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American Apparel Adding 50 More Stores in Aggressive RFID Rollout

The retailer states that RFID has helped it reduce shrinkage, improve stock levels and decrease employee turnover, and that RFID-enabled stores are outperforming those not using the technology.

American Apparel, a vertically integrated clothing manufacturer and retailer based in Los Angeles, is ramping up its item-level RFID tagging initiative, having just signed an agreement to deploy Xterprise's Clarity Advanced Retail System (ARS) software at 50 of its retail locations—25 of which will be located in the United States, the remainder overseas—by the end of this year. This will bring the total number of RFID-enabled stores operated by the company up to 100.

The firm, which attributes improved stock levels and store performance to the technology, has already deployed radio frequency identification at 50 of its retail stores, most located in the United States.

"I make decisions based on numbers," says Stacey Shulman, American Apparel's VP of technology, explaining her company's aggressive RFID rollout. "And the ROI on RFID-enabled stores is no more than six months. Stores that are using the RFID system have proven to reduce shrink, improve stock levels and reduce [employee] turnover."

After a careful analysis of these results, American Apparel's management team decided that pursuing RFID technology on a broad scale will help it manage its stores more proactively. Shulman attributes the improvements in RFID-enabled stores to inventory management and reduced shrinkage at those locations.

"Sales floors are better stocked because we can police it better," she explains. "It's hard to know, in a non-RFID store, if the stock levels are off on the sales floor. With RFID, we know we don't need to do an audit to find out."

However, she notes, it's not just about having the proper range of colors and sizes available on the sales floor—it's also about items being in the correct place, and stores with RFID technology being more organized overall.

The Clarity ARS software is built on a Microsoft platform and, for in-store retail applications, contains five item-level modules: a module used for shipment verification, receiving and transfers of merchandise from one store to another; a module for counting inventory and searching out individual RFID tags using handheld readers; a module that generates fulfillment lists, showing a retailer which items it needs to pull from back stock and move onto the sales floor; an integrated point-of-sale (POS) module enabling a retailer to utilize the unique ID number encoded to each tag, in order to conduct transactions and reconcile inventory levels based on sales; and a module used to commission unique IDs and encode these to tags.

American Apparel employs all of these modules to receive RFID-tagged items into store inventory, and to maintain and update inventory databases. If an item is transferred from a non-RFID retail store to one of the RFID-enabled locations using the ARS software, employees can utilize the software to generate a serial number and encode it to an RFID inlay that an employee can then attach to each item.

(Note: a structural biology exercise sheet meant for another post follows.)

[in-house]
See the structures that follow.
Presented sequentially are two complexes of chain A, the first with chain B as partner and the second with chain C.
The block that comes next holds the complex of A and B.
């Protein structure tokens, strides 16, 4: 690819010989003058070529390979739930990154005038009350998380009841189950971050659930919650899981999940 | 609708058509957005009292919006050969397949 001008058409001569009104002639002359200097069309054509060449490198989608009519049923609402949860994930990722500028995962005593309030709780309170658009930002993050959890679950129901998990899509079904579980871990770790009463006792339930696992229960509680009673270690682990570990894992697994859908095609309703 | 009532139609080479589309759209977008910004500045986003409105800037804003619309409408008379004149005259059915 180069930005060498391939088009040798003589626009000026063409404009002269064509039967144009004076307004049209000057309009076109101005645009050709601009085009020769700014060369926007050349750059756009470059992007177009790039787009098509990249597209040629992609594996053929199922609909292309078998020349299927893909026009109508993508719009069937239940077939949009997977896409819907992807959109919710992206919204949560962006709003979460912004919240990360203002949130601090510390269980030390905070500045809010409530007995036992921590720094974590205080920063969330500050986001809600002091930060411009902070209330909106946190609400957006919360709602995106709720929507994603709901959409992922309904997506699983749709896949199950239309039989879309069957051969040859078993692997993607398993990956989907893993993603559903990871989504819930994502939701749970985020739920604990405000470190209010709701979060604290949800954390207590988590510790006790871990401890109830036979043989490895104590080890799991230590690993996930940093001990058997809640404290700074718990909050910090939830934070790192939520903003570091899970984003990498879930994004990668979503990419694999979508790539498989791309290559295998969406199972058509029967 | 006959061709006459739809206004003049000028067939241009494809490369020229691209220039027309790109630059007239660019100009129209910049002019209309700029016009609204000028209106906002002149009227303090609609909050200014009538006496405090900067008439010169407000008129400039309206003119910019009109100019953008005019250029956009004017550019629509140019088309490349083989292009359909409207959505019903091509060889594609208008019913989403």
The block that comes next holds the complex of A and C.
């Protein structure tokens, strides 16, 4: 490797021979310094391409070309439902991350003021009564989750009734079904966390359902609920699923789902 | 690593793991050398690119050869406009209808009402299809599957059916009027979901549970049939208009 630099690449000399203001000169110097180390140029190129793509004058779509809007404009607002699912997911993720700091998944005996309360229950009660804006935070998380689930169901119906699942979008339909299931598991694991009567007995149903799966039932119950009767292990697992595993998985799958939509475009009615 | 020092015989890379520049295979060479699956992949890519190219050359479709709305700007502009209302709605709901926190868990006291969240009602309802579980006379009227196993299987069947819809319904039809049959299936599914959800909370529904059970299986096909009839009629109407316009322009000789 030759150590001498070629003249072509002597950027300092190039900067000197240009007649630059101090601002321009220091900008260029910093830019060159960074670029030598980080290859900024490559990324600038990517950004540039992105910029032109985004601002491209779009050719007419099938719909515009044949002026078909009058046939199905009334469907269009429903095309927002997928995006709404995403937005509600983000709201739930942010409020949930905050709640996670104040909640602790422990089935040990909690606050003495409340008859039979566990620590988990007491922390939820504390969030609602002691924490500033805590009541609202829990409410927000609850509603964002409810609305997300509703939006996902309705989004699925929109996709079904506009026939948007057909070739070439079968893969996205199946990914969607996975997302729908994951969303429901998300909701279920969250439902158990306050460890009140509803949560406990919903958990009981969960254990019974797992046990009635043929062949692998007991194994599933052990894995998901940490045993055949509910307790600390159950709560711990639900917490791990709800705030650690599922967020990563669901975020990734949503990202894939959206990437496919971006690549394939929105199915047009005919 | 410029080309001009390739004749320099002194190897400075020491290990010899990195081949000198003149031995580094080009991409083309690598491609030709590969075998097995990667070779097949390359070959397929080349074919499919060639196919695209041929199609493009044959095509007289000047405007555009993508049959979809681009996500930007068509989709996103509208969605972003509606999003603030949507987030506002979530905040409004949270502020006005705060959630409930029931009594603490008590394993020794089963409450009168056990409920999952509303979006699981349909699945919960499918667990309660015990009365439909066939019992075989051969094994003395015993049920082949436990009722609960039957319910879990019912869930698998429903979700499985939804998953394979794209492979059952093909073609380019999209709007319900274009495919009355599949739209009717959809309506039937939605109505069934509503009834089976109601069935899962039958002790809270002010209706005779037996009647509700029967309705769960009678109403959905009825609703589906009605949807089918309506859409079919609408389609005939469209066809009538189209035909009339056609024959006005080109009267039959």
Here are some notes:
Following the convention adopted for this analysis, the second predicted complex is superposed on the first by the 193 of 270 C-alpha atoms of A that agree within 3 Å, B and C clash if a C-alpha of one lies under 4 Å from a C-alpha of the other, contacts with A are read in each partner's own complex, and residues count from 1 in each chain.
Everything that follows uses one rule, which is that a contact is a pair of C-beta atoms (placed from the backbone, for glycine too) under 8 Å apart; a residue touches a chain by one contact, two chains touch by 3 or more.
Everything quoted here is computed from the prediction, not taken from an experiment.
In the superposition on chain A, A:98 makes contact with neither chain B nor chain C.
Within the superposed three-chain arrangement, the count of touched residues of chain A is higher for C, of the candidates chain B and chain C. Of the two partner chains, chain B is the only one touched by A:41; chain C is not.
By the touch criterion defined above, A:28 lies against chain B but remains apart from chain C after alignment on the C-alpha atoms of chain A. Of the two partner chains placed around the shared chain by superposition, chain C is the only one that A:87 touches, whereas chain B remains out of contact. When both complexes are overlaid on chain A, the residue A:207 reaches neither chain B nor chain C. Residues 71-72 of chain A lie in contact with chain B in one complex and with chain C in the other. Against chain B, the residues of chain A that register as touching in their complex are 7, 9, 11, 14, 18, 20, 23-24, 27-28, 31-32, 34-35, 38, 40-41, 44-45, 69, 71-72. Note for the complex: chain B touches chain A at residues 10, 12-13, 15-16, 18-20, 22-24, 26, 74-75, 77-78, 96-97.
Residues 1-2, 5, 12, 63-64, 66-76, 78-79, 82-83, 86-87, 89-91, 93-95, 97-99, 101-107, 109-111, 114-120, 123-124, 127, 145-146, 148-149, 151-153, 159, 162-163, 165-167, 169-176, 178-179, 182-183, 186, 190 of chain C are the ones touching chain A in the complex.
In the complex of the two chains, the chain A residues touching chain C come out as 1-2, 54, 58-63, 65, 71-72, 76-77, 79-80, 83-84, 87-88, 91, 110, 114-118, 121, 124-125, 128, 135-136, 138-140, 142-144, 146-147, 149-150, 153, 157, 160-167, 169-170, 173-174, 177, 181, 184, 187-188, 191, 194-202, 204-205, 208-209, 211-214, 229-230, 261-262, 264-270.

Based on the information collected, the inventory software then informs the workers regarding which items need to be moved to the sales floor for shelf restocking, and which should be put into storage. Employees then use a fixed interrogator to read the RFID tags once more as garments leave the store's back room, to confirm that the items are, indeed, being brought out to the sales floor. (Each RFID-enabled store keeps bifurcated inventory for its back stock and its sales floor, so that at all times, it knows the stock levels in the back stock versus on the sales floor.) If this reader collects the RFID tag number of any item that should not be brought to the sales floor, or if it fails to collect the tag ID of a garment that is supposed to go to the floor, the software triggers an alert, thereby showing which items are missing or superfluous.

Employees also perform regular inventory counts on the sales floor, using handheld readers. This information is compared with the POS data, and the software generates a list of any discrepancies that may exist between the two databases.

Per the 50-store agreement, Xterprise will supply each retail location with its ARS software, as well as fixed-position and handheld RFID readers from Motorola Solutions and RFID tags made by Avery Dennison and LS Industrial Systems.

American Apparel will use an internal team to install and test the system at each store, says Shulman. In addition to the Xterprise software, which is currently utilized at 27 American Apparel locations, the retailer employs RFID software supplied by Vue Technology (now owned by Tyco Retail Solutions) at 23 stores.




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